The Turkish Stake
Then there are the Turks. The Turks opposed the U.S. invasion of Iraq because they expected it to fail to establish a viable government in Baghdad and thereby to destroy the balance of power between Iraq and Iran. The Turks have also tried to avoid being drawn into the south beyond dealing with threats from Turkish Kurds operating out of Iraq. At the same time, Turkey has been repositioning itself as both a leading power in the Muslim world and the bridge between the Muslim world and the West, particularly the United States.
Given this, the Turks have assumed the role of managing the negotiations between the P-5+1 and Iran. The United States in particular was upset at Turkey’s last effort, which coincided with the imposition of sanctions by the P-5+1. The Turks, along with Brazil, negotiated a transfer of nuclear materials from Iran that was seen as insufficient by the West. The real fact was that the United States was unprepared for the unilateral role Turkey and Brazil played at the time they played it. Since then, the nuclear fears have subsided, the sanctions have had limited success at best, and the United States is a year away from leaving Iraq and already has withdrawn from a combat role. The United States now welcomes the Turkish role. So do the Iranians. The rest don’t matter right now.
Now the Turks must face their dilemma. It is all very good to want to negotiate as a neutral party, but the most important party isn’t at the table: Saudi Arabia. Turkey wants to play a dominant role in the Muslim world without risking too much in terms of military force. The problem for Turkey, therefore, is not so much bringing the United States and Iran closer but bringing the Saudis and Iranians closer, and that is a tremendous challenge not only because of religious issues but also because Iran wants to be what Saudi Arabia opposes most: the dominant power in the region. The Turkish problem is to reconcile the fundamental issue in the region, which is the relationship between Persians and Arabs.
The nuclear issue is easy simply because it is not time-sensitive right now. The future of Iraq is time-sensitive and uncertain. The United States wants to leave, and that creates an Iranian ally. A pro-Iranian Iraq, by merely existing, changes the reality of Saudi Arabia. If Turkey wants to play a constructive role, it must find a formula that satisfies three needs. The first is to facilitate the American withdrawal, since simply staying and taking casualties is not an option and will result in the conventional air war that few want. The second is to limit the degree of control Iran has in Iraq, guaranteeing Iranian interests in Iraq without allowing absolute control. The third is to persuade Saudi Arabia that the degree of control ceded to Iranians will not threaten Saudi interests.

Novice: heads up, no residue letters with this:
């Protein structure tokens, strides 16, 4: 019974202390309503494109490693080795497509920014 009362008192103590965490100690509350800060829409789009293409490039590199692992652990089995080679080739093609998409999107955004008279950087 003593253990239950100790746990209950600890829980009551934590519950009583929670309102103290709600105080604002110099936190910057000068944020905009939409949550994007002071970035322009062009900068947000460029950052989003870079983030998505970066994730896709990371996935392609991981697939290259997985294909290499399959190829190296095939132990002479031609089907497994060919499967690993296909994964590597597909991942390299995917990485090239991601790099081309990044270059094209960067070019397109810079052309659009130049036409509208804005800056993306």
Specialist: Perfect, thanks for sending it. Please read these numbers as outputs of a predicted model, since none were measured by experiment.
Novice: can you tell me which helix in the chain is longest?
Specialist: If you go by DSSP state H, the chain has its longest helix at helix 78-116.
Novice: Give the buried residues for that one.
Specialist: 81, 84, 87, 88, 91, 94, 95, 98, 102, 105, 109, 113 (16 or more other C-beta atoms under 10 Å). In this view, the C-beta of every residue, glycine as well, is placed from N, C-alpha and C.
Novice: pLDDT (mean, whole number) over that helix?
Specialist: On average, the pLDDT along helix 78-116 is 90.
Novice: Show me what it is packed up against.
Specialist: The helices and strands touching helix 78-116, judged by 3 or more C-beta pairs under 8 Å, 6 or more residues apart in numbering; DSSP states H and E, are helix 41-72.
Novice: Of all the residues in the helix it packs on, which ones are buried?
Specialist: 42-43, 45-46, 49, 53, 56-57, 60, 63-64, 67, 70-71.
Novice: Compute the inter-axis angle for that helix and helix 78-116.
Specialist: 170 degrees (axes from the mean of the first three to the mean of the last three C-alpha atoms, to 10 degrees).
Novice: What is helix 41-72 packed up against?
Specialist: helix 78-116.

If the United States leaves the region, the only way to provide these guarantees to all parties is for Turkish forces, covert and overt, to play an active role in Iraq counterbalancing Iranian influence. Turkey has been a rising power in the region, and it is now about to encounter the price of power. The Turks could choose simply to side with the Iranians or the Saudis, but neither strategy would enhance Turkish security in the long run.
The Turks do not want an air war in Iran. They do not want chaos in Iraq. They do not want to choose between Persians and Arabs. They do not want an Iranian regional hegemon. There are many things the Turks do not want. The question is: What they do want? And what risks are they prepared to take to get it? The prime risk they must take is in Iraq — to limit, not block, Iranian power and to provide a threat to Iran if it goes too far in the Arabian Peninsula. This can be done, but it is not how the Turks have behaved in the last century or so. Things have changed.
Having regional power is not a concept. It is a complex and unpleasant process of balancing contradictory interests in order to prevent greater threats to a country’s interests emerging in the long run. Having positioned itself as a host for negotiations between the United States, Britain, France, China, Russia and Germany on one hand and Iran on the other hand, Turkey has a basic decision to make: It can merely provide a table for the discussion, or it can shape and guarantee the outcome.
As the Americans have learned, no one will thank them for it, and no one will think better of them for doing it. The only reason for a deeper involvement as mediator in the P-5+1 talks is that stabilizing the region and maintaining the Persian-Arab balance of power is in Turkey’s national interest. But it will be a wrenching shift to Turkey’s internal political culture. It is also an inevitable shift. If not now, then later.